One of the most striking effects of the gale was in connection with the beach and road which run from Greenhill to the Preston Coastguard Station. This ridge of beach is, like the neighbouring Chesil Bank, raised a few feet above high-water mark, though not to the same extent as the latter, and is somewhat over a mile in length and about 40 yards in breadth, including the road. At about a quarter of a mile from Greenhill Gardens it begins to widen, and gets wider as it approaches Weymouth. The height at the old Gatehouse is about 7 feet above high-water mark, and at the point represented in Fig. 3, about a foot lower, the height falling gradually towards the Coastguard Station, near which point the ground rises suddenly and the beach entirely loses its peculiar character, becoming an ordinary sloping sea-beach. This also occurs where the ground rises at the Weymouth end. On the inner or land side lies Lodmoor, a marshy and very low tract of land which is generally flooded in the winter. The road to Preston from Weymouth runs along the land side of the beach, which rises 5 or 6 feet higher between it and the sea, whilst on the sea-side, near the Preston end, are still to be seen, at about the same level as the present road, portions of concrete, which formed the road many years ago. From this we may infer that the beach has been moving inland at a rate possibly approaching 2 to 3 feet in a year, but there do not seem to be sufficient data for accurate measurement. It would also seem probable, considering the effect of the storm of February last, that much, if not the whole, of the movement was caused by large steps in previous storms and was not the result of any gradual process, as except in very rough weather the waves do not nearly reach the top of the beach.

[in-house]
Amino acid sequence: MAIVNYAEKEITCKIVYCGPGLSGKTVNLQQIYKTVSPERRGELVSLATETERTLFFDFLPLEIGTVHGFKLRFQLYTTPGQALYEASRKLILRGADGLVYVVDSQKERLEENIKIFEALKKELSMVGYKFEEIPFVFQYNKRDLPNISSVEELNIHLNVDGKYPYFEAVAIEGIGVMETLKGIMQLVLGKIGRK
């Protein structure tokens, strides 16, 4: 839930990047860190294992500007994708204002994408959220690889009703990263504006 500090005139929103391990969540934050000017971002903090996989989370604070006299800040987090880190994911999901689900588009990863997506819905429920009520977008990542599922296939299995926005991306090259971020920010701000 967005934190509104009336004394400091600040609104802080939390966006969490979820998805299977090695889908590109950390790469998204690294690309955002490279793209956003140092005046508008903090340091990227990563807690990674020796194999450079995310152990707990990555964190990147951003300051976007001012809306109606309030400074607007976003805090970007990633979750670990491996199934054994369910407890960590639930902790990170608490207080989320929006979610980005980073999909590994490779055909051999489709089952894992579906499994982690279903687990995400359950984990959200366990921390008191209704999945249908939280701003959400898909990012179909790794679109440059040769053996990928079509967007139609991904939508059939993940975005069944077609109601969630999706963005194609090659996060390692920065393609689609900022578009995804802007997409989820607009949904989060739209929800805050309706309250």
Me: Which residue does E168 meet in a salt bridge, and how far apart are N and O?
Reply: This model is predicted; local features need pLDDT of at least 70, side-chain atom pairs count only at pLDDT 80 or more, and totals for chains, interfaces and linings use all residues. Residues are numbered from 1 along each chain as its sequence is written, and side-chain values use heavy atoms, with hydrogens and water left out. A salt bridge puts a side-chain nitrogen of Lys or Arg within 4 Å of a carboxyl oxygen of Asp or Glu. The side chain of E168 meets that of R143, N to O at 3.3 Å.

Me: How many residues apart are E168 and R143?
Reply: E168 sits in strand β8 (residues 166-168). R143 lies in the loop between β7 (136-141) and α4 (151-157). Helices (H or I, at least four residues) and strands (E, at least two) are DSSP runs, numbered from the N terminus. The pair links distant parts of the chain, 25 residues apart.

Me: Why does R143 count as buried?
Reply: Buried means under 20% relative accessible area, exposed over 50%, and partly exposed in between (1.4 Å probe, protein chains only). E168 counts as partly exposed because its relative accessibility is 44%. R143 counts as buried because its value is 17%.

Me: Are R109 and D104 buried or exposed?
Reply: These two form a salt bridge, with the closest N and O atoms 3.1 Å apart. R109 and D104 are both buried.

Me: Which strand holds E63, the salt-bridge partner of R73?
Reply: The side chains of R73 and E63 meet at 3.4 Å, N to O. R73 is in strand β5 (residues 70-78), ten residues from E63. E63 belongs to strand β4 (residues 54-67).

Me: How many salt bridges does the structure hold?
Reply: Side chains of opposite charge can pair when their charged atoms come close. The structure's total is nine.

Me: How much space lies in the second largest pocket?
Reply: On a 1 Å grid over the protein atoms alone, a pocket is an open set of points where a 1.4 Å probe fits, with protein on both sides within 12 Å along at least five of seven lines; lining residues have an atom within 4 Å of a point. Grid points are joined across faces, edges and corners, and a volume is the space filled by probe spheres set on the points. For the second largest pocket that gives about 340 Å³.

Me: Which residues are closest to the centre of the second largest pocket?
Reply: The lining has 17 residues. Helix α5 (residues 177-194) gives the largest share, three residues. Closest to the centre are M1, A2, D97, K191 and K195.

Fig. 3 - Men cleaning shingle from road about half way between old gatehouse and coastguard station after storm of Feb. 13th, 1899. Photo Feb 16th 1899 © DCM